Onimawo said, “The vegetable oil was spilled in a dirty environment, which means that it must have been contaminated, and if contaminated, the contaminants will determine the effect of the consumption of such oil on human health.
“Generally, such oil should not be used at all for cooking or for any other thing meant for human consumption, but unsuspecting customers will not know that the oil was scooped from a dirty environment. It is just like using dirty water from the pond to cook. If care is not taken, it could lead to outbreak of gastro-intestinal diseases.
“Oil normally causes diseases, but if it is heated up and is used to fry something, the impact of the heat may reduce the effect of the contamination in terms of germs and bacteria.
“Heat can destroy bacteria and other germs, but not heavy metals, because bitumen and other metallic objects are components used to construct the road. So, there is likely to be some contaminations from heavy metal which is very dangerous and could be castrogenic, which makes the consumption of the oil worrisome. The heavy metal aspect is the one that is more dangerous; it can cause cancer and other deadly diseases.”
The nutritionist, however, flayed the government’s agencies for not taking appropriate measure to stop those scooping the oil from the practice.
He said, “We have government agencies responsible for such matters. We have public health workers who are supposed to ensure that when such a thing happens, they should mobilise to the location to stop the practice and educate those scooping the spilled vegetable oil on the health implications of such a practice.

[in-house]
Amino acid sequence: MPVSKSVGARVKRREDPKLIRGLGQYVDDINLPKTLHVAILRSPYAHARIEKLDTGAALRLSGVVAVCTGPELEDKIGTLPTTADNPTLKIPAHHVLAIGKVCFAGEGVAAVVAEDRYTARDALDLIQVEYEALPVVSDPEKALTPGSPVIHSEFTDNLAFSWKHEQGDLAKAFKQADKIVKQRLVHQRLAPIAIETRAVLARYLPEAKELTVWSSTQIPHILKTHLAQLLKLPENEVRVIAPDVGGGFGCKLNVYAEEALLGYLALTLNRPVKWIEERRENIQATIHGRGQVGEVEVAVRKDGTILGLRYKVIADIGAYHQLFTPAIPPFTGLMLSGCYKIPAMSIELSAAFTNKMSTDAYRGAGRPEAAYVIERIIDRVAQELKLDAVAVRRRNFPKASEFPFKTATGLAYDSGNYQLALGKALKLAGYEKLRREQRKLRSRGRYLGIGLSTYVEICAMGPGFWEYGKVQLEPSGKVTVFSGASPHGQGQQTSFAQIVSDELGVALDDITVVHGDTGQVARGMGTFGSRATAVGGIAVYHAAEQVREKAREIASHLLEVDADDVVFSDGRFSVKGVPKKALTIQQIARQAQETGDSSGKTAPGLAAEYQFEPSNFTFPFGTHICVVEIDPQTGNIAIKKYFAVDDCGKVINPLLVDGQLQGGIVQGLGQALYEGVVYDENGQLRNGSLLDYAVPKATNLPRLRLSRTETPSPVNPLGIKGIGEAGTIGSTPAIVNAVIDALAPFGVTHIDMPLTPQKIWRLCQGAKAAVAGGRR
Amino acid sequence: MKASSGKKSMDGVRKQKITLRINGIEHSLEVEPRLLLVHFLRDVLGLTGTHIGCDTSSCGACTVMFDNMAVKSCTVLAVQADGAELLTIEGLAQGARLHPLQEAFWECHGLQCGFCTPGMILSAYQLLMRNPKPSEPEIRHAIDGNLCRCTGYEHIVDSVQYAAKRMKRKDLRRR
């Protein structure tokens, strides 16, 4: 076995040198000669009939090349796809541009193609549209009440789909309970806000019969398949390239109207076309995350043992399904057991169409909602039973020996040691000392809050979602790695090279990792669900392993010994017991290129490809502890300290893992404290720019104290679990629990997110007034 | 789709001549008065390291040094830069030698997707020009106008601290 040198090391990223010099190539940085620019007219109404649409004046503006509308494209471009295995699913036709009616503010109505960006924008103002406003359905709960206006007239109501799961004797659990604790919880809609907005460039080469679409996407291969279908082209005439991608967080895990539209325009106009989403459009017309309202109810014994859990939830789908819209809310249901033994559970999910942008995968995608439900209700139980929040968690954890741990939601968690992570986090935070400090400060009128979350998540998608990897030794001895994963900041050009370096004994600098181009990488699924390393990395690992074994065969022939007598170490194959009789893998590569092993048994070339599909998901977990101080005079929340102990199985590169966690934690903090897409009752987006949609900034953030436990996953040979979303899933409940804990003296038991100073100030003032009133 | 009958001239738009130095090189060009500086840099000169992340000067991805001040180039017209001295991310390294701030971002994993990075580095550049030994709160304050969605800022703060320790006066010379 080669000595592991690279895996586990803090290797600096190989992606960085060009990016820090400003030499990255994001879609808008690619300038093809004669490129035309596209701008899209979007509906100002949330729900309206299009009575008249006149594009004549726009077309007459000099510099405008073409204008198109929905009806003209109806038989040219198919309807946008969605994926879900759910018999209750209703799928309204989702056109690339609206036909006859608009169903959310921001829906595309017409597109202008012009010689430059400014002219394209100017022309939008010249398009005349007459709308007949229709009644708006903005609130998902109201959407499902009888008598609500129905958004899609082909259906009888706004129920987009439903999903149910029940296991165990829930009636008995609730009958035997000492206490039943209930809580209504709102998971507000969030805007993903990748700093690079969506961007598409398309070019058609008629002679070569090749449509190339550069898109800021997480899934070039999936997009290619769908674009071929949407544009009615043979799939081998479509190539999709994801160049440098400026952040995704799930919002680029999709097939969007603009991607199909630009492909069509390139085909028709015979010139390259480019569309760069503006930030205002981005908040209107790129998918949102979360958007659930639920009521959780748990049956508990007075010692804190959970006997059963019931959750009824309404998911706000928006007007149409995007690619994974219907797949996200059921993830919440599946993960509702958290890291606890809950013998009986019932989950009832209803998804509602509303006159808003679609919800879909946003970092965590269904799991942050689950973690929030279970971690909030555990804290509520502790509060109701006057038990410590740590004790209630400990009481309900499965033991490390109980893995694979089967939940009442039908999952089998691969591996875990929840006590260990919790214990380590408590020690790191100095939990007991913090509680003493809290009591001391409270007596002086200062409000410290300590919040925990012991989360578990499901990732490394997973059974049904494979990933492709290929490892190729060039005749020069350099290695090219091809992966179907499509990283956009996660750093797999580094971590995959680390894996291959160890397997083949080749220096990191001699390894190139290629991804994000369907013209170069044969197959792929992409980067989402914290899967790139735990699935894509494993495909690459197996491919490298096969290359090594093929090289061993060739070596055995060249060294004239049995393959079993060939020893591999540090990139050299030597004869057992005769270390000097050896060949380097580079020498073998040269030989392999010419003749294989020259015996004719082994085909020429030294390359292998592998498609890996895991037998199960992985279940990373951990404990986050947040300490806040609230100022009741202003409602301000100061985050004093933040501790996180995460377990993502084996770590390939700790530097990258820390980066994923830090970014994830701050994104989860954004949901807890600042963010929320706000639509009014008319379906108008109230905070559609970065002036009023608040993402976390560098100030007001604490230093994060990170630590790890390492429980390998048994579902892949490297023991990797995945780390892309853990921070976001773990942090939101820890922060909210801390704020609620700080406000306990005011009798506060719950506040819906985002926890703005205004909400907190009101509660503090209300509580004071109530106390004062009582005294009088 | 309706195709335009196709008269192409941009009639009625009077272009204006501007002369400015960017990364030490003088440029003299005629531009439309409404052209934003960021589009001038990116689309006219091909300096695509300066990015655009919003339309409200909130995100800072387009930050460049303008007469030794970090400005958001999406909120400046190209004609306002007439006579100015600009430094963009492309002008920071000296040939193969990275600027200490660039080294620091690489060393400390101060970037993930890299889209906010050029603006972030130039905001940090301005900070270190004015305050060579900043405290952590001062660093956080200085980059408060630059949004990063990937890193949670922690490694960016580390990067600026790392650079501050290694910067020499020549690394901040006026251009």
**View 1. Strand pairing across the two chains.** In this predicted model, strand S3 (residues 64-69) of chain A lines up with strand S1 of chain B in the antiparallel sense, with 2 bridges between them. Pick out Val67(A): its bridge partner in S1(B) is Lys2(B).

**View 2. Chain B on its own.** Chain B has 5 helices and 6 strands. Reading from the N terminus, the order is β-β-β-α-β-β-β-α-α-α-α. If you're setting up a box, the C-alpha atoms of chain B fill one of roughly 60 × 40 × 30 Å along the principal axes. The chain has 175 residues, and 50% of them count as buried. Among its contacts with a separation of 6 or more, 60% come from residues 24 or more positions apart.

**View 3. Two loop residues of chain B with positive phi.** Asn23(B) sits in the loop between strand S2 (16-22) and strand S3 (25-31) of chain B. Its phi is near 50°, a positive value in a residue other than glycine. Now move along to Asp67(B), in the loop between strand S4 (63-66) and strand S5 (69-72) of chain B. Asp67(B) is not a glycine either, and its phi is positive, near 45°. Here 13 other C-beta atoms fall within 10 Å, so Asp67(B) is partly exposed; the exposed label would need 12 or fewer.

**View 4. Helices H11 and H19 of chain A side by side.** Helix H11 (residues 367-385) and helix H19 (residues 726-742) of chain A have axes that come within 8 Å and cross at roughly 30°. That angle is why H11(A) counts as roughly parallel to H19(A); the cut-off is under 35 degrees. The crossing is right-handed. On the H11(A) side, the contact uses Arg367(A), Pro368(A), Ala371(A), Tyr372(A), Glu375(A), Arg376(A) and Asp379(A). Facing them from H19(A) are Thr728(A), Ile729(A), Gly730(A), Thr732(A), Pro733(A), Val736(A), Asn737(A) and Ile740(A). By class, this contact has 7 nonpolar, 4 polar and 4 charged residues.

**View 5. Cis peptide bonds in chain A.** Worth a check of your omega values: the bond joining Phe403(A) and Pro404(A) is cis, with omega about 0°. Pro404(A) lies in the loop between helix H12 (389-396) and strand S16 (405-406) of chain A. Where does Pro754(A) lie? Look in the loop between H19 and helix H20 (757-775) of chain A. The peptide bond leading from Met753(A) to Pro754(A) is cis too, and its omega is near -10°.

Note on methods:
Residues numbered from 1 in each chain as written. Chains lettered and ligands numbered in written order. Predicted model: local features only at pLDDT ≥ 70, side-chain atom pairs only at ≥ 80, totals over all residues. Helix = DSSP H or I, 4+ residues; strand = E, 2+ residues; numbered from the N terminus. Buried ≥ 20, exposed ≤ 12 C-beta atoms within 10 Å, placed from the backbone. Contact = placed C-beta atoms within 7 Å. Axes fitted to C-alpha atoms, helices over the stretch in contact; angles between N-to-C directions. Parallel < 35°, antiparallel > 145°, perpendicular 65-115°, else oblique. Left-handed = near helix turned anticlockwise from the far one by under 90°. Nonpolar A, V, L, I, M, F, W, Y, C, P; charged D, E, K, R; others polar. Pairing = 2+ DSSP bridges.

“They should have also spoken to the residents in the area where the incident happened on why they should not use the scooped oil for cooking, which is to avoid contracting deadly diseases. Though the disease may not occur now, they would not know that the oil with which they cooked food was responsible for the health problem.
“The environmental health officials are supposed to seize the oil from those who scooped it and destroy the oil. They are supposed to have even carried out enlightenment campaigns on the radio over the matter to at least save hundreds from avoidable diseases.”
Likewise, the Vice-President, Nutrition Society of Nigeria (North), Mr. Samuel Yuwa, wondered why the government had yet to seize the scooped oil from those selling it to unsuspecting members of the public.
He said apart from being spilt on a dirty environment, the fact that the oil was exposed to air made it not good for consumption.
While stressing that dangerous organisms and disease-causing germs would have contaminated the oil and whoever consumes it risks avoidable health problems, Yuwa asked environmental officials and the police to do the general public a greater good by mobilising to Orimerunmu and the neighbouring communities to stop further sale of the contaminated oil.
He said, “There are public health laws governing the sale of foodstuffs. Once food is not wholesome, it is illegal to sell it. So, the health authorities should get the police to impound the scooped oil from those selling it, if they are not ready to charge them to court.
“The potential consumers are unaware of the source of this oil and it is unfair to sell it to them. Health officials and the police should move to action.”
Greed, poverty-induced habit